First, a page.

Session H6: Invited Session: Energy Services for the Developing World I

10:45 AM–12:33 PM, Sunday, April 1, 2012
Room: Embassy C

Sponsoring Units: GERA FIP
Chair: Alvin Compaan, University of Toledo

Abstract ID: BAPS.2012.APR.H6.1

Abstract: H6.00001 : Fuel efficient stoves for the poorest two billion

10:45 AM–11:21 AM

Preview Abstract   View PresentationAbstract Presentation MathJax On | Off Abstract  


  Ashok Gadgil
    (UC Berkeley \& Lawrence Berkeley National Laboratory)

About 2 billion people cook their daily meals on generally inefficient, polluting, biomass cookstoves. The fuels include twigs and leaves, agricultural waste, animal dung, firewood, and charcoal. Exposure to resulting smoke leads to acute respiratory illness, and cancers, particularly among women cooks, and their infant children near them. Resulting annual mortality estimate is almost 2 million deaths, higher than that from malaria or tuberculosis. There is a large diversity of cooking methods (baking, boiling, long simmers, brazing and roasting), and a diversity of pot shapes and sizes in which the cooking is undertaken. Fuel-efficiency and emissions depend on the tending of the fire (and thermal power), type of fuel, stove characteristics, and fit of the pot to the stove. Thus, no one perfect fuel-efficient low-emitting stove can suit all users. Affordability imposes a further severe constraint on the stove design. For various economic strata within the users, a variety of stove designs may be appropriate and affordable. In some regions, biomass is harvested non-renewably for cooking fuel. There is also increasing evidence that black carbon emitted from stoves is a significant contributor to atmospheric forcing. Thus improved biomass stoves can also help mitigate global climate change. The speaker will describe specific work undertaken to design, develop, test, and disseminate affordable fuel-efficient stoves for internally displaced persons (IDPs) of Darfur, Sudan, where the IDPs face hardship, humiliation, hunger, and risk of sexual assault owing to their dependence on local biomass for cooking their meals.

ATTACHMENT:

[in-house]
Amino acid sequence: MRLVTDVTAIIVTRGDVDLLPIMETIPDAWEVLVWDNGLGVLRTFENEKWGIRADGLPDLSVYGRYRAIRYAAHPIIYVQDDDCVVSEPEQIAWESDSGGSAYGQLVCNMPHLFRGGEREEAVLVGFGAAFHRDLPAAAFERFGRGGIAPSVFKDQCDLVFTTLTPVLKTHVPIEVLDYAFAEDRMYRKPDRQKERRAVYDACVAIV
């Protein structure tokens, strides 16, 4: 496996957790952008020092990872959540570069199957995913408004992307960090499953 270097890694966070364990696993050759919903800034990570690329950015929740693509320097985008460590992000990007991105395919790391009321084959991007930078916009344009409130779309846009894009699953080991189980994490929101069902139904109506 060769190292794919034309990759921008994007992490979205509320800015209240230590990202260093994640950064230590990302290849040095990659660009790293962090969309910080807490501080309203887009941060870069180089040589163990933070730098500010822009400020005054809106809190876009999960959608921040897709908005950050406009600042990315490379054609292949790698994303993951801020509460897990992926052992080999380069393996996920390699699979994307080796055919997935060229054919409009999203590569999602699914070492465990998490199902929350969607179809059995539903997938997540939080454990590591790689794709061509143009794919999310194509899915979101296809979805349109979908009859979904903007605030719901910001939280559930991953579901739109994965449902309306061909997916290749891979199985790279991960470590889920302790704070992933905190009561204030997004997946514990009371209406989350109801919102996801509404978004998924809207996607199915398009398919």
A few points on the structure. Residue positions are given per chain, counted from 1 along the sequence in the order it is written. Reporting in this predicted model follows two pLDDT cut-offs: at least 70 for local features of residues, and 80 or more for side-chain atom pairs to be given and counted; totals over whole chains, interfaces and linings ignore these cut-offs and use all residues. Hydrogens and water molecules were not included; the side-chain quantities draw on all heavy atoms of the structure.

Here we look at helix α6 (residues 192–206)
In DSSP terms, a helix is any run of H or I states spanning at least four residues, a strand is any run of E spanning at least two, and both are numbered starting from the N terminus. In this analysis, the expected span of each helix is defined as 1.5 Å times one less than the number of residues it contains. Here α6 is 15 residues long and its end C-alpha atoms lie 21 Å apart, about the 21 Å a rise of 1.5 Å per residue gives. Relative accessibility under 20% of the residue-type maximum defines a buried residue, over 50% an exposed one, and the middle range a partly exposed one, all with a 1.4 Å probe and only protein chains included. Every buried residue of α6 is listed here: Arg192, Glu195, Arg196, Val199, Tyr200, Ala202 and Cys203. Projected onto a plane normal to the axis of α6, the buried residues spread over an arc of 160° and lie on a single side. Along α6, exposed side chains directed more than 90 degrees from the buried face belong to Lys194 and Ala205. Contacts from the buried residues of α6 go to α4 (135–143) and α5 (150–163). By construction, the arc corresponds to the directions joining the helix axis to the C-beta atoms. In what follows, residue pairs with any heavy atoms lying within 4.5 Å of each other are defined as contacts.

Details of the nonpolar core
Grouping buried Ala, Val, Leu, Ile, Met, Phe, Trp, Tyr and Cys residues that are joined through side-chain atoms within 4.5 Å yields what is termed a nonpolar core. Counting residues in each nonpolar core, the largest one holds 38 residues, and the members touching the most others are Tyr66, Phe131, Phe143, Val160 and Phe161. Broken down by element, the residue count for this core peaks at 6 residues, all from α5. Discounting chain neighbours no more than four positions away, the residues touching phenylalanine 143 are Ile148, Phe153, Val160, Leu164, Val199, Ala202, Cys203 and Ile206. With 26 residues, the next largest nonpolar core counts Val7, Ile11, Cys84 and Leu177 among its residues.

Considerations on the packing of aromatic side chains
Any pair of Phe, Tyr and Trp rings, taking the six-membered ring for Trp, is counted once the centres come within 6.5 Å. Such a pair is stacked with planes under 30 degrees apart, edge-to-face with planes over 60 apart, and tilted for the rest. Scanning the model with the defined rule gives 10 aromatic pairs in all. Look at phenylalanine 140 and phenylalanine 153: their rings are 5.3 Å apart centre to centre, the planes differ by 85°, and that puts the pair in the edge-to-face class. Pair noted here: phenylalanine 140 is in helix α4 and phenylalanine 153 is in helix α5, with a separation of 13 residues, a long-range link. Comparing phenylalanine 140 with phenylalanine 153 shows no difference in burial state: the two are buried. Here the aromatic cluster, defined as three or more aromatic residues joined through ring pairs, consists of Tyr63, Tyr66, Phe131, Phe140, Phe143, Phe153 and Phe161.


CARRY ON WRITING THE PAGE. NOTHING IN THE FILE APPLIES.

To cite this abstract, use the following reference: